Ideally, a lawnmower blade has three primary functions: mulching, bagging, and discharging. Some can perform two or all of these functions, while others can perform only one. And they all have different designs. So, depending on what you’re trying to achieve for your lawn, identifying the different lawnmower blades and selecting the one that best suits your preference will help you get your desired results.
The different types of lawnmower blades include;
- Lifting Blades:
- Low-lift blades: These blades are very suitable for mowing short grasses, generate less noise, and don’t require so much horsepower. The design allows the grass clippings to stay low for easy discharge.
- Medium-lift blades: These blades are very effective on thick grasses and require less horsepower than high lift blades. These blades provide more suction than the low-lift blades.
- High-lift blades: These blades are ideal for cutting long, denser grasses. Due to this, the high lift blade requires more horsepower than others. They are best for bagging because they offer a fan-like suction.
- Gator blades: The gator blades are thicker than other blades and feature a unique design that helps cut through thick grass. They come with raised teeth that produce a clean-cut, help to improve bagging, and deliver faster decomposition.
- Mulching Blades: These blades can bag, discharge, or mulch grass clippings. They come with a curved surface that allows the grass to be kept inside the mower deck and cut before being bagged or discharged.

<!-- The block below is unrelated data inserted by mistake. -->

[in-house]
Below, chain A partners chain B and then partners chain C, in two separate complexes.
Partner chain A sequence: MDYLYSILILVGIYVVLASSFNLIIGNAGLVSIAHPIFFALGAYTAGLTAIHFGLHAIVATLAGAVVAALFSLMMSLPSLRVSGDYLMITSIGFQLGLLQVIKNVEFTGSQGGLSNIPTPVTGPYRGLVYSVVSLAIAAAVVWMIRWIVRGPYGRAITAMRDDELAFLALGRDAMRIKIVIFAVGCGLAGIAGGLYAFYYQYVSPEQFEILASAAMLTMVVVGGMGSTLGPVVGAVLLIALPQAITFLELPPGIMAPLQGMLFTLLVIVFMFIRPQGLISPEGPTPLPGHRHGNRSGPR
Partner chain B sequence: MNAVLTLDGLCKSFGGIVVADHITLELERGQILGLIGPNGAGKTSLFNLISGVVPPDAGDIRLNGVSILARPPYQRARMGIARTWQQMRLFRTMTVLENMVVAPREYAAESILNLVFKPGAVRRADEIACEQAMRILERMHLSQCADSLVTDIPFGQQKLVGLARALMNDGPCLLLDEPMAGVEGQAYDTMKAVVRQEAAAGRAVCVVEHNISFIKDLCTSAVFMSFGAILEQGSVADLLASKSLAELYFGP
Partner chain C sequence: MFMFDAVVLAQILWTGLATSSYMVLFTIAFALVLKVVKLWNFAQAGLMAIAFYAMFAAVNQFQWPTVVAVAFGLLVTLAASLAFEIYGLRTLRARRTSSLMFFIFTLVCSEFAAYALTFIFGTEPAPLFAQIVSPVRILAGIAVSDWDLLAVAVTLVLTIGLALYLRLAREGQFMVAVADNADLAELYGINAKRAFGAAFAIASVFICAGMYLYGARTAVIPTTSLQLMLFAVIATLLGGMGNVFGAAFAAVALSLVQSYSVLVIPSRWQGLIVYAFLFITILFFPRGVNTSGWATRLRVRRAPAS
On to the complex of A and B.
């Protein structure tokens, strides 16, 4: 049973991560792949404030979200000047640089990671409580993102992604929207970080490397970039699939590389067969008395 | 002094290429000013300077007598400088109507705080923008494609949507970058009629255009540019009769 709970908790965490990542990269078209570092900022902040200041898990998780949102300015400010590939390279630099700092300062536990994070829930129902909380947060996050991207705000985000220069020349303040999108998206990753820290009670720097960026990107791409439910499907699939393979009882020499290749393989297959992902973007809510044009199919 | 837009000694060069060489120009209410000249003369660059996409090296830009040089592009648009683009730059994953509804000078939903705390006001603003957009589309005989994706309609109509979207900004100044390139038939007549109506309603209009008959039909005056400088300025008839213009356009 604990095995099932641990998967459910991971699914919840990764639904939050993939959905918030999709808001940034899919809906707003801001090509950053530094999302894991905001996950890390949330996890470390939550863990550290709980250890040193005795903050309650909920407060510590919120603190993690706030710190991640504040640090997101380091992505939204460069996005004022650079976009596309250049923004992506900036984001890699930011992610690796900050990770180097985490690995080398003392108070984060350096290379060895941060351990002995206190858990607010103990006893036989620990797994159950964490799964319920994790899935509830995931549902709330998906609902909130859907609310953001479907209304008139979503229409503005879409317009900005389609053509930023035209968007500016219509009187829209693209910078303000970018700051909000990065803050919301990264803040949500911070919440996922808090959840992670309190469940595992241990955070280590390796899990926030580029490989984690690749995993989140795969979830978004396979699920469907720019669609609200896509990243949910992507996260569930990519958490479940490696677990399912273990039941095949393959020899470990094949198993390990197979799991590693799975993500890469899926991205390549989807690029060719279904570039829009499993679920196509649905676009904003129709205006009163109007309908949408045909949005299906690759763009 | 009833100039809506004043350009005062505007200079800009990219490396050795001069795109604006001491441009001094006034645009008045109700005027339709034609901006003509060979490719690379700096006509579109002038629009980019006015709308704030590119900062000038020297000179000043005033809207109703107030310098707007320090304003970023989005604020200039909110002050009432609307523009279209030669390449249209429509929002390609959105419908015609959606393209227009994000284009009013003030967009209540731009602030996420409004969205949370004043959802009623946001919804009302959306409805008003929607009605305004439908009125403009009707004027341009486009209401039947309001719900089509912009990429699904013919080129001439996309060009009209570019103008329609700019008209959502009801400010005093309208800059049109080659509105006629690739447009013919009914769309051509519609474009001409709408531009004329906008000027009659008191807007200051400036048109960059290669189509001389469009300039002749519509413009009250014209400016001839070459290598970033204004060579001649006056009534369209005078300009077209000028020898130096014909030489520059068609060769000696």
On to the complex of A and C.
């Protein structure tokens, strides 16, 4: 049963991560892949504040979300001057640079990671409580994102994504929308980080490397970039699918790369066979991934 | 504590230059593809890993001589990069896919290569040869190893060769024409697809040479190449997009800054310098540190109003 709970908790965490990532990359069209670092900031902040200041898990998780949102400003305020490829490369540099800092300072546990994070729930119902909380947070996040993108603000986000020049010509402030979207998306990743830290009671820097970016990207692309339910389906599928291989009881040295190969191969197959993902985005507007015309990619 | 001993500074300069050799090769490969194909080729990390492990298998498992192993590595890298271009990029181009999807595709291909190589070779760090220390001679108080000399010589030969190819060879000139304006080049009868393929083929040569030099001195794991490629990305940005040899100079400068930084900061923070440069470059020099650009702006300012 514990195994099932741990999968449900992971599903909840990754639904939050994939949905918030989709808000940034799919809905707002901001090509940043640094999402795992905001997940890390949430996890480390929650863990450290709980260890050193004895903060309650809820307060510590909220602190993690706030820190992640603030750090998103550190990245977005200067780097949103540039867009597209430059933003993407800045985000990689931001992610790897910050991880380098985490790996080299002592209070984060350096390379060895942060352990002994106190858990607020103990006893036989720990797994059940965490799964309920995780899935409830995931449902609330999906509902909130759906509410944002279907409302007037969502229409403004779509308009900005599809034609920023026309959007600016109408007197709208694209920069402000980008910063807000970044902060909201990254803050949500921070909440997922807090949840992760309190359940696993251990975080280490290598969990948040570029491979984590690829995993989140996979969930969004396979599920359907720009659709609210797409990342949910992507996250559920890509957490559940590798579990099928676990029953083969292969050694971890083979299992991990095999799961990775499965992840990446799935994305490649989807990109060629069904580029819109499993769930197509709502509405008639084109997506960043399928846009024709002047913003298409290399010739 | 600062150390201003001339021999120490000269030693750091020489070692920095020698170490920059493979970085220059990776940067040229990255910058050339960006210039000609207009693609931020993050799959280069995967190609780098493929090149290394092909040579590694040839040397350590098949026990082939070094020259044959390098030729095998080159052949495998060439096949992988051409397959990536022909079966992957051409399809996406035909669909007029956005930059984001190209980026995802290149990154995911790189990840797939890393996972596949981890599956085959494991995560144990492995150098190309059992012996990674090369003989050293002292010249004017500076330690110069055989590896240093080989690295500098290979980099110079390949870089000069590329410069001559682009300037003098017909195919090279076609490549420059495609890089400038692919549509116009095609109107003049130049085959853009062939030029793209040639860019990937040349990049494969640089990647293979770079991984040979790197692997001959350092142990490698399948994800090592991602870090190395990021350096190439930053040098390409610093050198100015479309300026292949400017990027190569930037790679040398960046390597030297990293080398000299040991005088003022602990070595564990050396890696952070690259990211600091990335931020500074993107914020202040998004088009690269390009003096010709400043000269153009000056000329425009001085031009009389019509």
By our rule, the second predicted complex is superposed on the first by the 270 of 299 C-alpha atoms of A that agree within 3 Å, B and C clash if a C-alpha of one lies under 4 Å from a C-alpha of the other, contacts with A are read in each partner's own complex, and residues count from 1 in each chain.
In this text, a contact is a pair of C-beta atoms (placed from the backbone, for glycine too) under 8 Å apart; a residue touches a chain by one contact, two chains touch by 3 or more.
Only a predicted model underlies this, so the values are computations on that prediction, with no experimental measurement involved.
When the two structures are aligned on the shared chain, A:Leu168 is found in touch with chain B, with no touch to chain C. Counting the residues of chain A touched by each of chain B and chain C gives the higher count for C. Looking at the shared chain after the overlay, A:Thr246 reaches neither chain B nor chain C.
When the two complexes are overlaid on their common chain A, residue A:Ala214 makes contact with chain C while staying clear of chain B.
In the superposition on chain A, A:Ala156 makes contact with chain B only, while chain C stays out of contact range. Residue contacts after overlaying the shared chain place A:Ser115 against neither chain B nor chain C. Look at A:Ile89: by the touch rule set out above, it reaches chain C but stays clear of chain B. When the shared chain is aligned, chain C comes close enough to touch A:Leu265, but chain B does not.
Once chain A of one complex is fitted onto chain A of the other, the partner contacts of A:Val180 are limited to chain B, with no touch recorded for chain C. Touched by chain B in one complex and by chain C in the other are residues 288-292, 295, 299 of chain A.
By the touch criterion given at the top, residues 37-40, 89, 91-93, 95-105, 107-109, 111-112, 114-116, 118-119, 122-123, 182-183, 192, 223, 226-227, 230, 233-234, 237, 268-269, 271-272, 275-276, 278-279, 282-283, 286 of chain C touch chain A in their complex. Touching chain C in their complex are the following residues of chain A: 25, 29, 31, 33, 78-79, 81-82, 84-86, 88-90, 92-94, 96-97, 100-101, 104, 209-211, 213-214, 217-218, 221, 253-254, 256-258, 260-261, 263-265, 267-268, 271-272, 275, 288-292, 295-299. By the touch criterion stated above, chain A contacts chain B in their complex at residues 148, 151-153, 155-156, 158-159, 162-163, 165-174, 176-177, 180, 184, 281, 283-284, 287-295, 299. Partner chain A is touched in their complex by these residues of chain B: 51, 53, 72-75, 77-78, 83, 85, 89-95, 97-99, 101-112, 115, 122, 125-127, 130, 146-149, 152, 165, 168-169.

How Do You Sharpen Your Lawnmower Blades?
It’s pretty easy to sharpen mower blades yourself. You can use a few handy tools to sharpen your mower blades, including a hand file, angle grinder, or bench grinder. However, a quicker and easier method includes using a drill and sharpening stone specially made to smooth the blades’ edges. Here are a few tools you can use to sharpen your lawnmower blades:
This method is one of the most recommended methods of sharpening lawnmower blades. Hand files are very easy to come by as they are used to file metal and plastic and can be found in most workshops. The only downside is that the hand file only cuts in one direction, so the sharpening process can take longer.
An angle grinder is a quicker solution for sharpening your mower blades than hand files. They are also a very cost-effective tool. To use an angle grinder, you would need to get a clamp that you would use to secure the blade to the workbench. You also need to identify an angle that aligns the grinding disc perfectly with the blade.
A bench grinder also provides an easy method for sharpening mower blades. This method is one of the fastest ways to get your sharpening done, as it only takes a few minutes. It’s just as easy as sliding the blade across the grinder wheel till you get the desired sharpness, and it’s perfect for repairing badly damaged blades that a hand file cannot fix.
Drill and Sharpening Stone